Kuwait’s finance minister said on Wednesday that an increase in oil revenues due to higher crude prices would not cover the Gulf state’s budget obligations and he called for radical economic reforms.
Kuwait’s budget would need oil prices of $90 per barrel to eliminate its deficit, the minister, Khalifa Hamada, said in a statement. Brent crude was trading at $67.86 a barrel at 1310 GMT on Wednesday.
For all the latest headlines follow our Google News channel online or via the app.
“We must address the scarcity of financial resources and the depletion of liquidity in the treasury (the General Reserve Fund) as soon as possible, and they must be accompanied by radical economic and financial reforms that contribute to reducing expenditures and increasing non-oil revenues,” Hamada said, adding he had full confidence in parliament’s cooperation.
Kuwait’s finances are heavily dependent on oil income and a combination of lower prices due to the COVID-19 pandemic, as well as a continued stand-off between government and parliament on implementing measures such as a law allowing the state to borrow, have put it on the brink of a liquidity crunch.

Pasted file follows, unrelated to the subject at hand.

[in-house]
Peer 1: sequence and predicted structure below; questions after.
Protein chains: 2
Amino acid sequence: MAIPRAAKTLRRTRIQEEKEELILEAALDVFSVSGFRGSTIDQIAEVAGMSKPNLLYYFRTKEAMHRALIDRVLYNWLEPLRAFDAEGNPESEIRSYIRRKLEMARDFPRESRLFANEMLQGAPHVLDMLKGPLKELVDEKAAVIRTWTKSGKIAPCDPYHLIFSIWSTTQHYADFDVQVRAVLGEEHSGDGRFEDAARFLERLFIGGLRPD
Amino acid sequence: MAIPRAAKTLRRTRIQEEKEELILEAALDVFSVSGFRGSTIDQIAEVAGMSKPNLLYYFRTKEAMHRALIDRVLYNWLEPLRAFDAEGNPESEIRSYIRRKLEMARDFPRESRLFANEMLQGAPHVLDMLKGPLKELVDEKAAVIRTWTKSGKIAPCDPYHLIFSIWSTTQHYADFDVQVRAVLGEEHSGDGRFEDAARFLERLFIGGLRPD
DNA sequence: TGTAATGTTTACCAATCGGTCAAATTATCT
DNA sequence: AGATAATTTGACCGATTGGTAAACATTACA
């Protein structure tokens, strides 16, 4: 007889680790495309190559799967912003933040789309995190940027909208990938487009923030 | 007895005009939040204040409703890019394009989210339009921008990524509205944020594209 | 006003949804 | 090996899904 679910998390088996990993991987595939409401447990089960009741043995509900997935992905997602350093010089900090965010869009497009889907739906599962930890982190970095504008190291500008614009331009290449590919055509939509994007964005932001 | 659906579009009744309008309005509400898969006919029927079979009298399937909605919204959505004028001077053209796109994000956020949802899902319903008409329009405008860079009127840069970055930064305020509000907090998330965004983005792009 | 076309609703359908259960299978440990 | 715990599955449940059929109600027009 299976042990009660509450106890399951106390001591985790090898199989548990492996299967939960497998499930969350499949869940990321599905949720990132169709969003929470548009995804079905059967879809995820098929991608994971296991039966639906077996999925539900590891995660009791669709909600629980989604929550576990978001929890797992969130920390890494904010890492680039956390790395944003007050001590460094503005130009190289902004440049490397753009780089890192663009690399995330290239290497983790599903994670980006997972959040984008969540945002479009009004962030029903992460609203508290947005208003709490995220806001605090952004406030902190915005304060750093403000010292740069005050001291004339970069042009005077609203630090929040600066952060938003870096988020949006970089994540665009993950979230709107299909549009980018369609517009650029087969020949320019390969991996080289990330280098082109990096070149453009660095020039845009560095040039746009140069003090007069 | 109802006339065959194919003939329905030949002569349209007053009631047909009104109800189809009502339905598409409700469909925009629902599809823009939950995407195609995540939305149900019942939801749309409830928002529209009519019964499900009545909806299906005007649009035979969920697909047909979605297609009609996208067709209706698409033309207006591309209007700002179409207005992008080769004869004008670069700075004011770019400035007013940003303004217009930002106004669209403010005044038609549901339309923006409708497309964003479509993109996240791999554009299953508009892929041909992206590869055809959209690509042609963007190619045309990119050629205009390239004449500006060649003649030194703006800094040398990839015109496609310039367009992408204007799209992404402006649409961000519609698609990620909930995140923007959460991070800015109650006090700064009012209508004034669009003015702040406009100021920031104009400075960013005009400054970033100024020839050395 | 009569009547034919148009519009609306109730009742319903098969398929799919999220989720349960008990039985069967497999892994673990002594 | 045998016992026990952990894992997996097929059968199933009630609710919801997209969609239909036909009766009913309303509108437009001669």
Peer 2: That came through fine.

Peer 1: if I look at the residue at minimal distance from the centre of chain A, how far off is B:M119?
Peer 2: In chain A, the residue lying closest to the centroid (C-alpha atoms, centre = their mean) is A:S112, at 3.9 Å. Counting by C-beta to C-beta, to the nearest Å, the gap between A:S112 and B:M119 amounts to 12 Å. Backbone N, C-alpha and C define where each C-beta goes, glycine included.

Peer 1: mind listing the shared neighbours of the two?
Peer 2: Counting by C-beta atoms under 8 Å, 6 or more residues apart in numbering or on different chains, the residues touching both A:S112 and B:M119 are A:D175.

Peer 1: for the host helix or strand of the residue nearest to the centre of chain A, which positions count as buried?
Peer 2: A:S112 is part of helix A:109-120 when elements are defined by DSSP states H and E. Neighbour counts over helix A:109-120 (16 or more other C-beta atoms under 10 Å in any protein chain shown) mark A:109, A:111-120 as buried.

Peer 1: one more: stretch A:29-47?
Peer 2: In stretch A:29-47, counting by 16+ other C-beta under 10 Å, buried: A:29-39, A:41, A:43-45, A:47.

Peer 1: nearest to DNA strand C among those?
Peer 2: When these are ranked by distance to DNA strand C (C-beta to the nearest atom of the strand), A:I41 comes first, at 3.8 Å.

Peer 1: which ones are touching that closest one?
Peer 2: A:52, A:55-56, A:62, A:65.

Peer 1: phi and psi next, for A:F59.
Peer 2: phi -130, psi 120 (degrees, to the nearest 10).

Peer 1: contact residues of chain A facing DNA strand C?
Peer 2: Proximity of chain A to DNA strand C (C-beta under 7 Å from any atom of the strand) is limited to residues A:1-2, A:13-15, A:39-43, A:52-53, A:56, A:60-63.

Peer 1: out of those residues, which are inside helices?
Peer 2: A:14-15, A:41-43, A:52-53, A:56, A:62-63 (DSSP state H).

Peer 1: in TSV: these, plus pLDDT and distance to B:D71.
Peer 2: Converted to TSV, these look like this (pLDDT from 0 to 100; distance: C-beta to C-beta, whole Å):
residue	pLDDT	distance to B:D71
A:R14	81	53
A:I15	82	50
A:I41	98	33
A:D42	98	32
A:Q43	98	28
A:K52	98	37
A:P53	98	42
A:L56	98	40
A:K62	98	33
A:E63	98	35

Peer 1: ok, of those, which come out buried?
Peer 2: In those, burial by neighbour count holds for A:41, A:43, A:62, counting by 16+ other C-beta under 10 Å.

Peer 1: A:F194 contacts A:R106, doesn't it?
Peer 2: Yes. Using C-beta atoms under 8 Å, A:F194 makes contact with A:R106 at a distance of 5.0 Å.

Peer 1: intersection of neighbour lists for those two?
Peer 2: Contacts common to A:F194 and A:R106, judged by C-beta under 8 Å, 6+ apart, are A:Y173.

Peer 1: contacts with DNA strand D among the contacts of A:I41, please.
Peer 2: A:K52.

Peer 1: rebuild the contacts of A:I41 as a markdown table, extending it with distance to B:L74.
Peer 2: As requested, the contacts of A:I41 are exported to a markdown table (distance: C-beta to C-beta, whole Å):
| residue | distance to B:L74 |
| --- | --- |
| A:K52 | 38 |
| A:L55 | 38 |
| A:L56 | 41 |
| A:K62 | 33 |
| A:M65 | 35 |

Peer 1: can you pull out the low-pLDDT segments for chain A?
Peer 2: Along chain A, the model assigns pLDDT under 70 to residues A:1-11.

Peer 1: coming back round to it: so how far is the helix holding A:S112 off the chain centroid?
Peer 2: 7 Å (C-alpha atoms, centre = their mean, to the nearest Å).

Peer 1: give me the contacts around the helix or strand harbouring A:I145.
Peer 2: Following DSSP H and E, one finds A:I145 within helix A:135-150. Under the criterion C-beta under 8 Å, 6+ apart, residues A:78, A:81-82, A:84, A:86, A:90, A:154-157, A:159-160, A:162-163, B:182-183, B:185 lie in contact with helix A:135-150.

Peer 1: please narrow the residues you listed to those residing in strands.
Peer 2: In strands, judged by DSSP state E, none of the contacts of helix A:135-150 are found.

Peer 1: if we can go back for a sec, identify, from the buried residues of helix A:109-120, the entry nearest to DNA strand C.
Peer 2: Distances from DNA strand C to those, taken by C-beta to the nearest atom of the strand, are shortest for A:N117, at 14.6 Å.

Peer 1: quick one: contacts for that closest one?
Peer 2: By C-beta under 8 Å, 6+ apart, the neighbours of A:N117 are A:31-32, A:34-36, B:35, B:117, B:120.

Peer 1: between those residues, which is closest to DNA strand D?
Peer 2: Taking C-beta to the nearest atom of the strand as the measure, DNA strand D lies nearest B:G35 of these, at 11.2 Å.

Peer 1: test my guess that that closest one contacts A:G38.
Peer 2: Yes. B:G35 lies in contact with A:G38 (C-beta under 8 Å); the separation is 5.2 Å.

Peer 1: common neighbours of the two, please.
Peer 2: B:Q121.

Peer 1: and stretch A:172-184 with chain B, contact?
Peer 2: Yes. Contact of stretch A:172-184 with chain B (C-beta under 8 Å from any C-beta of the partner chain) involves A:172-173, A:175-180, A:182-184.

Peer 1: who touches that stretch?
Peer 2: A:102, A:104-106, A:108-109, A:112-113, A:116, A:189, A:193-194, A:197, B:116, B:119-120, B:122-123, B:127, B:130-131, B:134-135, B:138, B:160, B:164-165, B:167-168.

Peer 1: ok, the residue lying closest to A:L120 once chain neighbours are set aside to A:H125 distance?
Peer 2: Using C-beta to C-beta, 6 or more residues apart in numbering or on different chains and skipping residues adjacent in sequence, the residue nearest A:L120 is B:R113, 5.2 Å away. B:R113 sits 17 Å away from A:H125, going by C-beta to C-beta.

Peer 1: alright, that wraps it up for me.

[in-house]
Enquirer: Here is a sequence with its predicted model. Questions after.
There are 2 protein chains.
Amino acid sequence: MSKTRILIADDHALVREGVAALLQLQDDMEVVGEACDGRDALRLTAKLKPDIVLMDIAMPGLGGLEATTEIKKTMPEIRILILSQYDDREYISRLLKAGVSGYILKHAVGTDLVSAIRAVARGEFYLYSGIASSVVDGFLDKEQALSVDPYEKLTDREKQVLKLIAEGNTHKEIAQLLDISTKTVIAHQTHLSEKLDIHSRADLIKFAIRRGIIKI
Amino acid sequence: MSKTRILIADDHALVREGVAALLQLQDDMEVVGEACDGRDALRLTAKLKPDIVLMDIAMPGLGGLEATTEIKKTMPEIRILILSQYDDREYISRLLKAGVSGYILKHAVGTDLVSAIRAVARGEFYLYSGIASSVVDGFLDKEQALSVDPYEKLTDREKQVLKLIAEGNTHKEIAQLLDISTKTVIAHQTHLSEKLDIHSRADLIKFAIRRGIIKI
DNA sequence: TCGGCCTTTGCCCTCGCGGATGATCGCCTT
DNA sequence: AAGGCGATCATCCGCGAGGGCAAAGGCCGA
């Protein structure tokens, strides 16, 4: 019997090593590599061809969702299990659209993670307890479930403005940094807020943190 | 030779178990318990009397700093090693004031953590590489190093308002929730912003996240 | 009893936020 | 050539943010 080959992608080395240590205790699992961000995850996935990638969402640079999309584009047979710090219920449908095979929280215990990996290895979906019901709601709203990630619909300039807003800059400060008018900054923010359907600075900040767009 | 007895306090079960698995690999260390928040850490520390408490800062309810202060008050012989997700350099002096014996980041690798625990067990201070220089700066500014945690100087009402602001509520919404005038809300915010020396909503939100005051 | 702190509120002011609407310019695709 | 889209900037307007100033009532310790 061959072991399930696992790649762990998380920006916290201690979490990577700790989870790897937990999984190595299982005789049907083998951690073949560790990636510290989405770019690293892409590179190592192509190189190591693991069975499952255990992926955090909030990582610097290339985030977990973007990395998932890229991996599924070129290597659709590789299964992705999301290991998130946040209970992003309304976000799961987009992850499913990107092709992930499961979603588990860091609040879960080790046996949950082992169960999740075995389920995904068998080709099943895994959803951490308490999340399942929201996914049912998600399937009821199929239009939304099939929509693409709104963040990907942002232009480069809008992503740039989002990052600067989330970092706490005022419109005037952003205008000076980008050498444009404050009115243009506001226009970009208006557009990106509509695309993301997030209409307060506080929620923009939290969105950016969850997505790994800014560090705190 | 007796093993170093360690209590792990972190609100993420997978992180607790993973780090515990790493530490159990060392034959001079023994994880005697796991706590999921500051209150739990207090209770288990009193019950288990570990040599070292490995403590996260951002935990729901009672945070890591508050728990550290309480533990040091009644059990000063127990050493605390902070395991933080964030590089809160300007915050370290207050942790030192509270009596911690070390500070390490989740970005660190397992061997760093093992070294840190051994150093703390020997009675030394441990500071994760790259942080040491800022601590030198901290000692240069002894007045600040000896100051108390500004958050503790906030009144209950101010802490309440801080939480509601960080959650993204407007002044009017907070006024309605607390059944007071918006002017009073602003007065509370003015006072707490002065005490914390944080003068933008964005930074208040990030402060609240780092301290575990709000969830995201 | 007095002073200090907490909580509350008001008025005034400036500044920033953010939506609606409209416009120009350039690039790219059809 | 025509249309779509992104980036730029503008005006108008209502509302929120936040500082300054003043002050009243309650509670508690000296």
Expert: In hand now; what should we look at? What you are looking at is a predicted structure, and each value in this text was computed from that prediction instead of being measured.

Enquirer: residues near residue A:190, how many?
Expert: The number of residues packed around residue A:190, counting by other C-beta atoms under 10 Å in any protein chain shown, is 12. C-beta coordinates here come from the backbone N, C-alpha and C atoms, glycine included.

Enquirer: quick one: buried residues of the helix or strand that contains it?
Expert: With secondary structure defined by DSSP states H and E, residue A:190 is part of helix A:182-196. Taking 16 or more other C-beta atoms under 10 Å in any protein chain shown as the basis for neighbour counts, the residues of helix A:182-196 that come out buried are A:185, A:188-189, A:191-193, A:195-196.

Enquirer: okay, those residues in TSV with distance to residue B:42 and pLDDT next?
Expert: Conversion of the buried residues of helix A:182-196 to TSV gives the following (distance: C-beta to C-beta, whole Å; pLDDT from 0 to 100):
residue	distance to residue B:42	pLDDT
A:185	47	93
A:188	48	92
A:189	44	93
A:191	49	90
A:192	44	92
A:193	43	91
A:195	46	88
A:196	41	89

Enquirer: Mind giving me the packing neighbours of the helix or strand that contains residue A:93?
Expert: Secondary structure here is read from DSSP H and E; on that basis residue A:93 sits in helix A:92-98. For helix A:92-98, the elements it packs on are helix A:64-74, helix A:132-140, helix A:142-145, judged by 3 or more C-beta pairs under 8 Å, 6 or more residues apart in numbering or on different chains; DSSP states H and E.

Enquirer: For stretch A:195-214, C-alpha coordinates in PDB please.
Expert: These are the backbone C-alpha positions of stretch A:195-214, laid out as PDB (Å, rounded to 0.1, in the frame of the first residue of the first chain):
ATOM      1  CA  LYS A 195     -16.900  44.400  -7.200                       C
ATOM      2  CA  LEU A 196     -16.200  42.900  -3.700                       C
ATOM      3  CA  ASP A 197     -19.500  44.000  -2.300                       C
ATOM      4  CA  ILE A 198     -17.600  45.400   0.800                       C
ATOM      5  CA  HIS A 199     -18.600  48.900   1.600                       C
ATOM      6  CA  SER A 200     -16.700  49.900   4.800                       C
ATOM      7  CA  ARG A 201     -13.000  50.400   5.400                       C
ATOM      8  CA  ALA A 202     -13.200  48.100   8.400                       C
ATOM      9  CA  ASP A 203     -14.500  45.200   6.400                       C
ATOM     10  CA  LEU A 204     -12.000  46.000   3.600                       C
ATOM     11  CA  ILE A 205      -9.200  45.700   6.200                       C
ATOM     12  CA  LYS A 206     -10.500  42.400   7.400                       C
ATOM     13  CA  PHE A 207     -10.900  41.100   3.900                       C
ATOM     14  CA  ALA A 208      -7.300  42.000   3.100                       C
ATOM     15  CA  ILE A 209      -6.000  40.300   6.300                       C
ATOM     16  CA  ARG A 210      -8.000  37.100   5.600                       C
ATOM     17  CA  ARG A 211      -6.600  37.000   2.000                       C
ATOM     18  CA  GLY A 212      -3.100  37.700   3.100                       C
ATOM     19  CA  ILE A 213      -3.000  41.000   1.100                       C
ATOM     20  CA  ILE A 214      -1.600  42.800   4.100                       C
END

“Issuing bonds and other solutions are not reform solutions, but rather temporary measures that must be taken to fulfil the immediate obligations represented by salaries and subsidies, which constitute more than 71 percent of the state’s total spending,” Hamada said.
Kuwait looks at covering fiscal shortfall with palliative liquidity steps
Kuwaiti cabinet proposes new amendments to public debt law, says lawmaker
COVID-19 vaccine optimism supports oil market recovery: Kuwait minister
- Kuwait imposes 12 hour curfew for a month amid spike in COVID-19 cases
- COVID-19 vaccine optimism supports oil market recovery: Kuwait minister
- Kuwaiti cabinet proposes new amendments to public debt law, says lawmaker
- World Bank body dismisses Kuwaiti logistics firm Agility’s claims against Iraq
- Kuwait looks at covering fiscal shortfall with palliative liquidity steps